The world is not on track to achieving energy-related Sustainable Development Goals, according to a new series of Policy Briefs launched today at the United Nations. Supported by data and analysis from the International Energy Agency, this series of 27 Policy Briefs provides the latest assessment of where the world stands on goals for universal energy access and increasing renewables and energy efficiency. The Policy Briefs also chart the crucial interlinkages between energy and other development objectives, and outline what needs to be done to scale up and accelerate policies, innovation, finance and capacity-building between now and 2030.
Energy is not only a global goal in its own right but is at the heart of the sustainable development agenda to 2030, and is essential for reducing poverty, improving health and ensuring environmental sustainability. However, the latest data shows that global progress falls short on all four energy-related targets established under SDG 7, which aims to ensure access to affordable, reliable, sustainable and modern energy for all by 2030.
There are still around one billion people without access to electricity (SDG 7.1.1). There has been significant progress in many countries, especially in Asia, but progress has been uneven: there are now more people without electricity access in sub-Saharan Africa than there were in 2000, and under current trends, there would still be more than 670 million without access in 2030.
The picture is even dimmer when it comes to access to clean and modern cooking facilities (SDG 7.1.2). About 2.8 billion people rely on polluting fuels to cook their daily meals, a number which has not changed since 2000. Without greater ambition, 2.3 billion will still remain without clean cooking access in 2030, with grave health, environmental and social consequences.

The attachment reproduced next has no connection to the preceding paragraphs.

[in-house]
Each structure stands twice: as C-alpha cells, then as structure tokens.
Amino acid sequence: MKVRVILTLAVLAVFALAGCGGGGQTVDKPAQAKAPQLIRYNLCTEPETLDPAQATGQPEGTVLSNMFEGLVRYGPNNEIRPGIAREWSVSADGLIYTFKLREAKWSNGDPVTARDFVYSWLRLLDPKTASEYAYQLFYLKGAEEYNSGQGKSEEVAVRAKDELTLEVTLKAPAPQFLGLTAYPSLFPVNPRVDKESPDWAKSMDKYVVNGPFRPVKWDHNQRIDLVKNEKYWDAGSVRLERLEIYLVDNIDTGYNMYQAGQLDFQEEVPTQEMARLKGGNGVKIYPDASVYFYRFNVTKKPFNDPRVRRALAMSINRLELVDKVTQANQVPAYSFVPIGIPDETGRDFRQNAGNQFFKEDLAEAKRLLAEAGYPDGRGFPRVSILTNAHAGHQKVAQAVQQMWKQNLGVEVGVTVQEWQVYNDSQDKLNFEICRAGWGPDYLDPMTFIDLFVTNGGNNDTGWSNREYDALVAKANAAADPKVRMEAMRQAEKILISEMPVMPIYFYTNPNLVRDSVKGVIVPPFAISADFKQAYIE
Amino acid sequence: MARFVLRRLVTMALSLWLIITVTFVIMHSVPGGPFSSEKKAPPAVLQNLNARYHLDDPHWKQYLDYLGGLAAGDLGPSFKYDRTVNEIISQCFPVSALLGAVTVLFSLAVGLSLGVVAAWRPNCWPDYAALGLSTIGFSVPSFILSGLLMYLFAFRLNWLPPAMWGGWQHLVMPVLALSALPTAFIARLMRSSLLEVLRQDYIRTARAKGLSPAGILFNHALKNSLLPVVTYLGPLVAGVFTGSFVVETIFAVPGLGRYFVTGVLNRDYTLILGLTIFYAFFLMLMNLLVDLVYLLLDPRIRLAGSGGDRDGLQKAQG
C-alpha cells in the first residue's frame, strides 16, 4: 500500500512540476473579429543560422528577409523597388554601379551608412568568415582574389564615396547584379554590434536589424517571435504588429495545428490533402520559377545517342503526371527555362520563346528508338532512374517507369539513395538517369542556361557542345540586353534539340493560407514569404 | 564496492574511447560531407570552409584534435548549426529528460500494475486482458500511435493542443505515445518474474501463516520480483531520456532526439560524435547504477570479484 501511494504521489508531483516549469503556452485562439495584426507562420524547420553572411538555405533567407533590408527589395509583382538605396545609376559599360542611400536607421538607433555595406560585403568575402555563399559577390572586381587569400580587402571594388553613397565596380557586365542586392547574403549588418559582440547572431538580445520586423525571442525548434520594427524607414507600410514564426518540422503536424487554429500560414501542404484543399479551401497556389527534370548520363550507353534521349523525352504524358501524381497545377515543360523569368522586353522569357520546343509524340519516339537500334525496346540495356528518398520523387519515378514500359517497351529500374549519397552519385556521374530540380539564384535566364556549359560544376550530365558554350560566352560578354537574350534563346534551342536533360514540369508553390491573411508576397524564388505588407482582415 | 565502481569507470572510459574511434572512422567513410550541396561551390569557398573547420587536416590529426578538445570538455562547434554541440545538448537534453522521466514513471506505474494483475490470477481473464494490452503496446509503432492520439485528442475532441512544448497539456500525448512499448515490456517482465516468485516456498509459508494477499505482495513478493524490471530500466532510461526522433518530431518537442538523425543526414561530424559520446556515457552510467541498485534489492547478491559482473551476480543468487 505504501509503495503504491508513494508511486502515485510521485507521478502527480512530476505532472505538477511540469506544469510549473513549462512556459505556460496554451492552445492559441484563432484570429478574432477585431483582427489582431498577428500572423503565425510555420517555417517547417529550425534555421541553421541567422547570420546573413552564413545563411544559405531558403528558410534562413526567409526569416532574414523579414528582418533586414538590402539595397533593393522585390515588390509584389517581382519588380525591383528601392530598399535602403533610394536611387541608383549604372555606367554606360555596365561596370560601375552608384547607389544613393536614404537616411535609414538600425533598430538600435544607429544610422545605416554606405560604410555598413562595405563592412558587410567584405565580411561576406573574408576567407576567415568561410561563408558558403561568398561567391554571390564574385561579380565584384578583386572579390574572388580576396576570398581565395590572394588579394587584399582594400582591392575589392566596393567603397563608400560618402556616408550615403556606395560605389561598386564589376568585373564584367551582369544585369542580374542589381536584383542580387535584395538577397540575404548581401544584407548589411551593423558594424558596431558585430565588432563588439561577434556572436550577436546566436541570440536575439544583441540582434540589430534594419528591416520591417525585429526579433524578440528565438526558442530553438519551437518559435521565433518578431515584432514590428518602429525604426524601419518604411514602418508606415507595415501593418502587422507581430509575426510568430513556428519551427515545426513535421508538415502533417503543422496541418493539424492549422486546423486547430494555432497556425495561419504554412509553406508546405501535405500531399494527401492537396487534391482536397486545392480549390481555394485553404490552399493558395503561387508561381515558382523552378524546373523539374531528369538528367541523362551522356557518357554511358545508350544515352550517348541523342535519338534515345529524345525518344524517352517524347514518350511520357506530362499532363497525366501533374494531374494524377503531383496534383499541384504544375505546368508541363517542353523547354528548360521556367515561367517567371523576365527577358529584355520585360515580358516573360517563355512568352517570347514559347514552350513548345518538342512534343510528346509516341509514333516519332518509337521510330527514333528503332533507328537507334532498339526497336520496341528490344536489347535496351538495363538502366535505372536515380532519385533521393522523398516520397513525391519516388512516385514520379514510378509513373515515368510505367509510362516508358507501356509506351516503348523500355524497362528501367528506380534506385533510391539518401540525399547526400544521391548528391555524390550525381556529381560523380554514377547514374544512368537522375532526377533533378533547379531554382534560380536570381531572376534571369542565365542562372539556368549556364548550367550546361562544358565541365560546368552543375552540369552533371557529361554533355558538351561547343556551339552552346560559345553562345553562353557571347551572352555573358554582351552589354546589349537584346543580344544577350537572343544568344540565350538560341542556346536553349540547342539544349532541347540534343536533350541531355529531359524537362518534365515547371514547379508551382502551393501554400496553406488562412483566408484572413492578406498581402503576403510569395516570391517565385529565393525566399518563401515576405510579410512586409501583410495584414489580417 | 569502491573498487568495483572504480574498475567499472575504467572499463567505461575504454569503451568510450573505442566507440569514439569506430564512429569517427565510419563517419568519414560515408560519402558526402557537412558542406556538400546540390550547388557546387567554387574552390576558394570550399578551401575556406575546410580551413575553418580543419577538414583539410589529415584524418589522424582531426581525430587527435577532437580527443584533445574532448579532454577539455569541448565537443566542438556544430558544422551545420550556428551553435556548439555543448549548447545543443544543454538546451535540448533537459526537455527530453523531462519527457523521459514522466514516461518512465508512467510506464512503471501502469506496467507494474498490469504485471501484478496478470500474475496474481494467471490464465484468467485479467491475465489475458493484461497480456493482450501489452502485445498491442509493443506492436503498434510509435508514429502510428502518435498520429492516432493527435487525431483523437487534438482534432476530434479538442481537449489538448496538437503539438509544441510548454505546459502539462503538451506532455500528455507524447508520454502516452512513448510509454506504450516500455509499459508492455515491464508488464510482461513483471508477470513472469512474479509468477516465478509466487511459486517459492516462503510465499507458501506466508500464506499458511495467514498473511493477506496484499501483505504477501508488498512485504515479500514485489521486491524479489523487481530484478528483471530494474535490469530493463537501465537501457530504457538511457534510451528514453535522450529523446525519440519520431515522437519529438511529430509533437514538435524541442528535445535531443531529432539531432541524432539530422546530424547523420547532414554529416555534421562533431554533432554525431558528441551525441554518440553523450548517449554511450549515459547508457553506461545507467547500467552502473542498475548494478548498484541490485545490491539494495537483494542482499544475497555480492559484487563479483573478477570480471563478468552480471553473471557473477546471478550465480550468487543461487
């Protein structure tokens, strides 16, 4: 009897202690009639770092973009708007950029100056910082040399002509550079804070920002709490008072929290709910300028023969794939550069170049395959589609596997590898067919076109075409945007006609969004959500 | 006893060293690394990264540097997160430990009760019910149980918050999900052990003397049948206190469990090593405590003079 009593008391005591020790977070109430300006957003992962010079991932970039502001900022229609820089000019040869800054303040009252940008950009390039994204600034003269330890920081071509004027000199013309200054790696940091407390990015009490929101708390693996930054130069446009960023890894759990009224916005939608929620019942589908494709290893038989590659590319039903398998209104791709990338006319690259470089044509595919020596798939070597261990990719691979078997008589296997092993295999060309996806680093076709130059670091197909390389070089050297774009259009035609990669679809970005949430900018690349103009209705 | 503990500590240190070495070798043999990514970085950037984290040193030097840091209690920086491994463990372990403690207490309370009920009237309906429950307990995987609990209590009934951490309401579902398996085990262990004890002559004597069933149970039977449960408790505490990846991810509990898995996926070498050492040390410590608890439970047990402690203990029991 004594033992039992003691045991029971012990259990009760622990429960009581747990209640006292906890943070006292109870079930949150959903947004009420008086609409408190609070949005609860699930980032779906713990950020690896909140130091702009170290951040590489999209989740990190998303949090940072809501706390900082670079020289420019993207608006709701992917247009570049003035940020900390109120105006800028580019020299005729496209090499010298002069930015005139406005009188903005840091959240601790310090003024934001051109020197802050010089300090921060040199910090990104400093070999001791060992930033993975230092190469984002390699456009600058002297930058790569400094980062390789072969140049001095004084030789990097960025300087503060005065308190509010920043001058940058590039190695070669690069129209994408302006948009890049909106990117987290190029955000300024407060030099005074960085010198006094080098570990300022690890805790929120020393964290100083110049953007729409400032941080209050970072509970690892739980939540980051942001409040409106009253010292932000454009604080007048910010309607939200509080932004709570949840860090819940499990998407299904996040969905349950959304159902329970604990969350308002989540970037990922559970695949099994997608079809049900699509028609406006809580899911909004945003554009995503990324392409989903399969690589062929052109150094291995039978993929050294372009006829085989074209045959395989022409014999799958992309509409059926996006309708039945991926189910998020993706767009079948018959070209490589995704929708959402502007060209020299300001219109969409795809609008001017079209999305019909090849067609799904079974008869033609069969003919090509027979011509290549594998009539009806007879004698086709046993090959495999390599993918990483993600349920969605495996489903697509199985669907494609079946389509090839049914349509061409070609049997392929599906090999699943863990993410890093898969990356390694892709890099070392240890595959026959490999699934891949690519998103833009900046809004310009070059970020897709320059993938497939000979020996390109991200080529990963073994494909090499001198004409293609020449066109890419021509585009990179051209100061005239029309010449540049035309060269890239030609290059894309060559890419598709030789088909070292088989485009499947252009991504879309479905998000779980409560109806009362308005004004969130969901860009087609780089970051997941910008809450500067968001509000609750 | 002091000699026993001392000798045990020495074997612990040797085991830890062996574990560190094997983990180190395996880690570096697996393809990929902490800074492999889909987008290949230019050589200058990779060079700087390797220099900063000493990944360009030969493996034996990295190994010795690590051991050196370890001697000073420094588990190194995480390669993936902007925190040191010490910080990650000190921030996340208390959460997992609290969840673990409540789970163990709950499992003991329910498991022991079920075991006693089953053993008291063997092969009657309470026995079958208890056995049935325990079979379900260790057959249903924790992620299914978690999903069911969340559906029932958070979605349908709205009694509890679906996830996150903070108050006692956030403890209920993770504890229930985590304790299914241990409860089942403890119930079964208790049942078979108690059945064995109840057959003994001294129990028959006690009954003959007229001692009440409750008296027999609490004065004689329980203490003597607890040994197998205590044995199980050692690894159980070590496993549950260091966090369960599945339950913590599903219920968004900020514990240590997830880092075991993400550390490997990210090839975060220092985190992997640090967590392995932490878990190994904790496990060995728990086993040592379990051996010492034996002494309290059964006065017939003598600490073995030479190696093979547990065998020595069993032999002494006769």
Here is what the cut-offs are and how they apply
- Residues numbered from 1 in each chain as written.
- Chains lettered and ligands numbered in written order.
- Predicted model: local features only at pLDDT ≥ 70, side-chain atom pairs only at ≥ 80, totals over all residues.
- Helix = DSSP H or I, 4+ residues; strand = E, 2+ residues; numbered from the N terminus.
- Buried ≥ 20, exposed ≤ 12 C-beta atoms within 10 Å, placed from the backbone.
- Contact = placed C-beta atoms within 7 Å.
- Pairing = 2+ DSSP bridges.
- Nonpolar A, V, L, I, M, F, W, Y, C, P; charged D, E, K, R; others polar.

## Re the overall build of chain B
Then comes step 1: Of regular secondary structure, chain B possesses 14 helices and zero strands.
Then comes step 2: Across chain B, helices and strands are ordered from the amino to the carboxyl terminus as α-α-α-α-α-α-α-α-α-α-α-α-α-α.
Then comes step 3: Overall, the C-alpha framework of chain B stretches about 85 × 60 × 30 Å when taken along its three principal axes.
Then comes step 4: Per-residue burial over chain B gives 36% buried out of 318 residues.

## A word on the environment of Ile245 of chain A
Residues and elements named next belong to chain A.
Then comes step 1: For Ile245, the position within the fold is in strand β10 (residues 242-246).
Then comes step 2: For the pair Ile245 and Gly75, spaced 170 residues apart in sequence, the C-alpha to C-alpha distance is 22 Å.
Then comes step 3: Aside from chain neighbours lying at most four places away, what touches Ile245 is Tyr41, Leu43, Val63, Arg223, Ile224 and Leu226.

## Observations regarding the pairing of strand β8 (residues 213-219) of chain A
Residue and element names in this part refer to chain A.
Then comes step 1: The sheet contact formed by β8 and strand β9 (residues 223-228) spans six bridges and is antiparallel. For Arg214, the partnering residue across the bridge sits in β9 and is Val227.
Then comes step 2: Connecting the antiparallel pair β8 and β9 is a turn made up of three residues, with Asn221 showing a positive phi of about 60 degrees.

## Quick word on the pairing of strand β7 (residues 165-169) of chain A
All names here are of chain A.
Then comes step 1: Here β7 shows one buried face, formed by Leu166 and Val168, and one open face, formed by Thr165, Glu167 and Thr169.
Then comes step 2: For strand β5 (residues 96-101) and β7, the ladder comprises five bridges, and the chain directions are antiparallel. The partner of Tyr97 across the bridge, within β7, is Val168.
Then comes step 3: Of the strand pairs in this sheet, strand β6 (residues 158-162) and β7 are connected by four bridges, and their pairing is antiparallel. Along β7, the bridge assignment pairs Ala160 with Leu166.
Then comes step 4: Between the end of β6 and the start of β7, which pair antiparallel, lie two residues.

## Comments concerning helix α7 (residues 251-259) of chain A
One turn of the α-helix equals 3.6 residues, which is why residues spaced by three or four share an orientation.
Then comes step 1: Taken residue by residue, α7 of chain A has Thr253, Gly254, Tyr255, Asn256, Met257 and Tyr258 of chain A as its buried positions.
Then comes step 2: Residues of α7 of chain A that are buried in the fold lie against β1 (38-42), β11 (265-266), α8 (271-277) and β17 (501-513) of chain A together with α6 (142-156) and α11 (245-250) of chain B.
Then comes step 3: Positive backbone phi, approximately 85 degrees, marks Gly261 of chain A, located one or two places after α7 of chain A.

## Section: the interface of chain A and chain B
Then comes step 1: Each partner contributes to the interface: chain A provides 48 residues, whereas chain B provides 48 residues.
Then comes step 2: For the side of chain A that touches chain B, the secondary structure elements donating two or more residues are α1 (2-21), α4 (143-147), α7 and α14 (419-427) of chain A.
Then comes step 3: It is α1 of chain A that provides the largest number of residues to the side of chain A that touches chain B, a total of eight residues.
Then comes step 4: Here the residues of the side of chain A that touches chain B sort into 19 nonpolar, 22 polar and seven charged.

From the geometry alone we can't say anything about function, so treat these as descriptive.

The share of modern renewables in global final energy consumption (SDG 7.2) has been growing steadily in the past decades, reaching nearly 10% in 2015. However, to achieve a truly sustainable energy system, this share needs to more than double to 21% by 2030. But while wind and solar deployment has accelerated, this goal is still out of reach under current policies.
Finally, while 2015 was an impressive year for energy efficiency (SDG 7.3), with global energy intensity falling by 2.8%, IEA data shows that progress has slowed significantly in 2016 and 2017, and on average still falls short of the 2.7% target needed to achieve the SDG target.
The United Nations will have the first in-depth review of SDG 7 at the High-level Political Forum on Sustainable Development in July this year. This is an important time to assess where we stand with our global energy goals, where existing national policies are taking us, and how to steer the global energy system towards a more sustainable path. To assist this critical process, the IEA has decided to create a new online resource to centralize all of our data and scenario projections in support of the 2030 Agenda.
The launch of the briefings will be webcast at http://webtv.un.org/